As with any open standard, ecosystem compatibility is key and HBase integrations are no exception. Below is a look at how other players in the ecosystem view HBase and its future.

In your opinion, why has Apache HBase become a standard for real-time applications?

Cask:

Apache HBase provides real-time, random read and write access to tables while storing billions of rows and million of columns of data. This supports data intensive use cases such as Internet of Things applications, anomaly detection with massive data inputs, and in depth analysis of customer behavior.  Beyond capacity, HBase also makes applications more interactive in real-time due to fast look-up latencies independent of data size.  Finally, the Apache HBase community has made significant progress supporting specific properties required by real-time applications such as high availability, data consistency, and partition tolerance.  Along with the technical merits of HBase,  another major factor contributing toward HBase momentum in real time applications is that HBase is an intrinsic element of the broader Hadoop platform.  As Hadoop is used more for real-time use cases, HBase becomes more and more of a standard.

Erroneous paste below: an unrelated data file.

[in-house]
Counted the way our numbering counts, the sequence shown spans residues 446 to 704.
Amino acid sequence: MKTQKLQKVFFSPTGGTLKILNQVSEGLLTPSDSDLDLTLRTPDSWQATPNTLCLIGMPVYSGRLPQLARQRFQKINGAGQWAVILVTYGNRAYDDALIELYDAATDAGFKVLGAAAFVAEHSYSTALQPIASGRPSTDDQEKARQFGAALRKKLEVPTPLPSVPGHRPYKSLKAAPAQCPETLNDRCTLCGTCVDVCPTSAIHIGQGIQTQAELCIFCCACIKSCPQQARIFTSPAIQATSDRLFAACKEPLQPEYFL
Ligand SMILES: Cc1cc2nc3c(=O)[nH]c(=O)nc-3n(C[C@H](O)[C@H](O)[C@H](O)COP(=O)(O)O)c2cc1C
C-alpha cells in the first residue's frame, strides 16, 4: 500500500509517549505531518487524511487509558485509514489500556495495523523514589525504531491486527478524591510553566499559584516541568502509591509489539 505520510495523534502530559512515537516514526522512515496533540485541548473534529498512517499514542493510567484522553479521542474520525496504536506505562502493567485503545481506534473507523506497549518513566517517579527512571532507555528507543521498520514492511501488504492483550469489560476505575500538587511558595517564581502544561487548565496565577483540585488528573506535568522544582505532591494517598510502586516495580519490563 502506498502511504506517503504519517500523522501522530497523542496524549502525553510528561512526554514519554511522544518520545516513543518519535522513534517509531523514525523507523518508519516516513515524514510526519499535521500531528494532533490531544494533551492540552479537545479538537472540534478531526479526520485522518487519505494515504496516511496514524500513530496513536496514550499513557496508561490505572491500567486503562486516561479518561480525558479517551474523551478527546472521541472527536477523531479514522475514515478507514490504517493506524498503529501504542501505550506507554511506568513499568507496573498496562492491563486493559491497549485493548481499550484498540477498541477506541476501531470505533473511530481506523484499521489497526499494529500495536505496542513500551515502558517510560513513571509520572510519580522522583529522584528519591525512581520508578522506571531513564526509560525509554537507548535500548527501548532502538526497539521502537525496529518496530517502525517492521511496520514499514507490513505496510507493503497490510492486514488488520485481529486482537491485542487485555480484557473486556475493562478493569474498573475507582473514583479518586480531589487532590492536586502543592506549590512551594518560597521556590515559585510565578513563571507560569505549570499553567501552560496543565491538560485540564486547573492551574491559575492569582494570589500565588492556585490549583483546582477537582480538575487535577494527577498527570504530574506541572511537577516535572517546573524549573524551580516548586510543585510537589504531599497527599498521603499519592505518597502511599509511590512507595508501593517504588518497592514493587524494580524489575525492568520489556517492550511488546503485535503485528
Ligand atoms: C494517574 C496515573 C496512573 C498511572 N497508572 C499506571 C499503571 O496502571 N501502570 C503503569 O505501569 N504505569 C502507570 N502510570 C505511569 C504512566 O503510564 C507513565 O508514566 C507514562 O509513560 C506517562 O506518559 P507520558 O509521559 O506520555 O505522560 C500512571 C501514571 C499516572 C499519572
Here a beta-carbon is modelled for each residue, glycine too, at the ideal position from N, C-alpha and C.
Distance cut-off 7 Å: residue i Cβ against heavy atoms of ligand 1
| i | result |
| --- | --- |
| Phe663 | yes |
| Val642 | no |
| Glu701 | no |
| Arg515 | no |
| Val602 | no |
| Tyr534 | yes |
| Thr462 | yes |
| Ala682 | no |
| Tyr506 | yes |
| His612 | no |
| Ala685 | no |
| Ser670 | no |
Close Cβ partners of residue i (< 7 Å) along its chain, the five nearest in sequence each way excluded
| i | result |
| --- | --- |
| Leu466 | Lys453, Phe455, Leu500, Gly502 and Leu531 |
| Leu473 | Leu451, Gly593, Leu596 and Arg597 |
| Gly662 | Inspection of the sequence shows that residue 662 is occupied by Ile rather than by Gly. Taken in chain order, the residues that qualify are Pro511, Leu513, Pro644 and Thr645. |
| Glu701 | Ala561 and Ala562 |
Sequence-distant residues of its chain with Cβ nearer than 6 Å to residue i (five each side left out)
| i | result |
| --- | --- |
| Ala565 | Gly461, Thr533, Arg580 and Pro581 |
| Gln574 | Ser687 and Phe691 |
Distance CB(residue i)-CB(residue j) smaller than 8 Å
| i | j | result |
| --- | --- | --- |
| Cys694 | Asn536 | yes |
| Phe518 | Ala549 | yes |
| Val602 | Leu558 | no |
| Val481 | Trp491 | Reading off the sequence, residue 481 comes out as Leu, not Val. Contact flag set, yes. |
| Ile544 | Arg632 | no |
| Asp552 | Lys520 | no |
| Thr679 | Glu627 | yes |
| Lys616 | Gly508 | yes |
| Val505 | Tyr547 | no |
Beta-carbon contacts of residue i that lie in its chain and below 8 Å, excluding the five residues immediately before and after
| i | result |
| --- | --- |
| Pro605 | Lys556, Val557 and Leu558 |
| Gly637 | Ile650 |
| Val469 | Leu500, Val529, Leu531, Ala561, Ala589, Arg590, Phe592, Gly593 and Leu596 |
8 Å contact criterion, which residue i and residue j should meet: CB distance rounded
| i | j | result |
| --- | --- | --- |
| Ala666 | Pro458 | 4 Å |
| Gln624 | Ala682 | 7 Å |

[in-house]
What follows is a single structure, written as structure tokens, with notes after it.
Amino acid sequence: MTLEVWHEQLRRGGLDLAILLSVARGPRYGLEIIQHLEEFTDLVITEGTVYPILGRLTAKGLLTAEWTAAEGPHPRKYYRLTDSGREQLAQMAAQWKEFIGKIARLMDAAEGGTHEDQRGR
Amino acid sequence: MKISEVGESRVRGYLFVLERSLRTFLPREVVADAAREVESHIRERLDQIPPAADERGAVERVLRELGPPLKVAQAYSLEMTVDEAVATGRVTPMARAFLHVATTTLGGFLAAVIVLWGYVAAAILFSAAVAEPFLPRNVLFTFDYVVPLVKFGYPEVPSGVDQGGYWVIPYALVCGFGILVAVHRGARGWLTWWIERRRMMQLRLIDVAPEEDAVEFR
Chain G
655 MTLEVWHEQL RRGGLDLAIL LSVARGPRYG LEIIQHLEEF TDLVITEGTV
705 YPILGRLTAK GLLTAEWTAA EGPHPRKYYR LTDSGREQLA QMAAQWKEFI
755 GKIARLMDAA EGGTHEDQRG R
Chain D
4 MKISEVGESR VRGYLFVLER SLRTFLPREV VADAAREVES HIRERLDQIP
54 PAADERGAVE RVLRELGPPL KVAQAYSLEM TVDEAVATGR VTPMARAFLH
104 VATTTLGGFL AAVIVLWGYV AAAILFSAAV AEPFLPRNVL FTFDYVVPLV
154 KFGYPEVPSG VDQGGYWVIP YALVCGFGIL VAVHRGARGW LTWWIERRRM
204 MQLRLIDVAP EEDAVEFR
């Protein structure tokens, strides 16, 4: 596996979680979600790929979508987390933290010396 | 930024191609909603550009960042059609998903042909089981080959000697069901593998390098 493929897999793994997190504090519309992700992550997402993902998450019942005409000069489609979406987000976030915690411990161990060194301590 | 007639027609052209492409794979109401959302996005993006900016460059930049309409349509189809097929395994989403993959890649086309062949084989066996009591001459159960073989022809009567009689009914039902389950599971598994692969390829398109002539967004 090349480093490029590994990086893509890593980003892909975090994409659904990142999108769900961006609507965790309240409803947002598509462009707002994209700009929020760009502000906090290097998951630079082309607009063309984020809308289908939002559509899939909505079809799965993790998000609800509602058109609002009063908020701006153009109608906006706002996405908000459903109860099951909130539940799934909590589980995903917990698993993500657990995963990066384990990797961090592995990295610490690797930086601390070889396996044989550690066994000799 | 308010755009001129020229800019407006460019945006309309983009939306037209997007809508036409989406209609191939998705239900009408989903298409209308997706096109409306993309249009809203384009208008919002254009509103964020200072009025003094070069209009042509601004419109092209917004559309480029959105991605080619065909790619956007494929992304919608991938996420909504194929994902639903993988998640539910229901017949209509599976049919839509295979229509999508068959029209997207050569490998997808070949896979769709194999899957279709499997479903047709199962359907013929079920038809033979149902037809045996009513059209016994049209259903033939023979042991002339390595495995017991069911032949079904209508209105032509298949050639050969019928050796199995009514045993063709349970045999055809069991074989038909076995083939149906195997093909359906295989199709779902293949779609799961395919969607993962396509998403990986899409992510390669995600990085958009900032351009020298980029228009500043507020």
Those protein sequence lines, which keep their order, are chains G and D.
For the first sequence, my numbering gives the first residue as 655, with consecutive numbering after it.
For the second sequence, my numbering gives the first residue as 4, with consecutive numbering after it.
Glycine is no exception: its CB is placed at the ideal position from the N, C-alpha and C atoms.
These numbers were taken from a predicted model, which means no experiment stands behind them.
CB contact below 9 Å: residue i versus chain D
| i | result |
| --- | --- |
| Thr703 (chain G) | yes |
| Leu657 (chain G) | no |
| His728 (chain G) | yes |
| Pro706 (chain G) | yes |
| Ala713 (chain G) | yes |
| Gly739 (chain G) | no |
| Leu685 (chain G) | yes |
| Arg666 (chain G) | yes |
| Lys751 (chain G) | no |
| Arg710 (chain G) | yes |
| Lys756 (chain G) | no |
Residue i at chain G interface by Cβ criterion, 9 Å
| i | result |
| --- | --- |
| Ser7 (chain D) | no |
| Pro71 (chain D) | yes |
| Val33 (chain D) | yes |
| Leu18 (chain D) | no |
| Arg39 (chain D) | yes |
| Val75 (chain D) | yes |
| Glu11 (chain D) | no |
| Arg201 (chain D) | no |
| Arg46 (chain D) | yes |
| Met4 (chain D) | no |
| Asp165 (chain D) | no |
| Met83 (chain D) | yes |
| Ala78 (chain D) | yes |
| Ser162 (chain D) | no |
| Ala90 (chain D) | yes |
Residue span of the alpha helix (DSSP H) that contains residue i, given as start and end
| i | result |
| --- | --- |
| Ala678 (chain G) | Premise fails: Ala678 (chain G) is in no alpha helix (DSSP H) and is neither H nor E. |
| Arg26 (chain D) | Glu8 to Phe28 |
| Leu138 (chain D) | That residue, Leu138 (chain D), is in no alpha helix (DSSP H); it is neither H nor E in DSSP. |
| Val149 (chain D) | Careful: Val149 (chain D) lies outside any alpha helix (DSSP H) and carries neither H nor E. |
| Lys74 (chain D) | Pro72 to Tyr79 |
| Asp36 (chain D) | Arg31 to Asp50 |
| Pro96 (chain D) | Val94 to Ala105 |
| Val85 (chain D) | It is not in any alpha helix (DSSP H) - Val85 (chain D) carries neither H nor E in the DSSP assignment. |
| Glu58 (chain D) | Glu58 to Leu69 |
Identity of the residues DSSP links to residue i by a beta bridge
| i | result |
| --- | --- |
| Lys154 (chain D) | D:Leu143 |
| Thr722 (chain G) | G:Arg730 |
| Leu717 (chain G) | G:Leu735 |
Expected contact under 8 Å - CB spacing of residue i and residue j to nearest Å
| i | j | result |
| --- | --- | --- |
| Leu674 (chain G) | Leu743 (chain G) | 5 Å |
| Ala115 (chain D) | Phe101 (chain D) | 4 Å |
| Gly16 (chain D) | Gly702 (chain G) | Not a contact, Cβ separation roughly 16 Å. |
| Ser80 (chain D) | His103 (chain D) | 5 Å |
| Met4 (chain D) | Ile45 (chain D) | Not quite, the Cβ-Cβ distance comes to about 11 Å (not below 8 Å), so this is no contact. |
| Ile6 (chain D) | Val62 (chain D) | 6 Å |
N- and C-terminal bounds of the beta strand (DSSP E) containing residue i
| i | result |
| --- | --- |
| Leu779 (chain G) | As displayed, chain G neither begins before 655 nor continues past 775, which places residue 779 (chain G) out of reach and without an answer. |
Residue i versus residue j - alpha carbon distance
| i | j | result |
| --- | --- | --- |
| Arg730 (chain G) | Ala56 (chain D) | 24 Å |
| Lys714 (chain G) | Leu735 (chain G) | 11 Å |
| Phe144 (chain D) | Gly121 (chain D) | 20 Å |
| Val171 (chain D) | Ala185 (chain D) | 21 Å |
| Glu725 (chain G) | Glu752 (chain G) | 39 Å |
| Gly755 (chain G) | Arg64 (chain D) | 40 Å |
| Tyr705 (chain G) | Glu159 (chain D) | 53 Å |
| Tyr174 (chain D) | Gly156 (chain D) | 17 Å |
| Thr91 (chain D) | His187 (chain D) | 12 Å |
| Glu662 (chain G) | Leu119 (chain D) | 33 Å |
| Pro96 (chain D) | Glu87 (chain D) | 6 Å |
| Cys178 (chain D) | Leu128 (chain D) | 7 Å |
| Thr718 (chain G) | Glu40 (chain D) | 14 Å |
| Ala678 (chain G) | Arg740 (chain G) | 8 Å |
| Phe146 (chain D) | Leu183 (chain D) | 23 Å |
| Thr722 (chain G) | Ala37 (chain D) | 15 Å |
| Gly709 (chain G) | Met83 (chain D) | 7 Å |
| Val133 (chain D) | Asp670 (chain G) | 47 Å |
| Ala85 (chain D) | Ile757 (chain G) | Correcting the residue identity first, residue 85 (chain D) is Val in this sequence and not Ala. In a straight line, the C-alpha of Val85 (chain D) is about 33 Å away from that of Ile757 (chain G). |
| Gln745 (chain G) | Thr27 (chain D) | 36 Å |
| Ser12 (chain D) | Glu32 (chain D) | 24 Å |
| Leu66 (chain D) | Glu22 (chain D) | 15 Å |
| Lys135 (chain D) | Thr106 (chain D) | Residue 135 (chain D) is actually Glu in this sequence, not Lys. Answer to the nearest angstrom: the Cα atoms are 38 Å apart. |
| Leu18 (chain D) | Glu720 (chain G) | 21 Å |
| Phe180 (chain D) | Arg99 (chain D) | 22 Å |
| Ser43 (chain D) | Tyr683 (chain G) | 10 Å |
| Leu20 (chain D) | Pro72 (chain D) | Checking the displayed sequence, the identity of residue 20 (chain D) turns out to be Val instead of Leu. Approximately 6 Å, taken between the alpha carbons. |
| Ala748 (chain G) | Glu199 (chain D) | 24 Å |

Celer Technologies:

Real-time applications is a must in the finance industry, with valuable data being generated every second.  HBase’s ability to store and access high volumes of data has not gone unnoticed in the software industry.  A lot of projects are becoming aware of this fact and realising the previously untapped value and opportunities that HBase unlocks.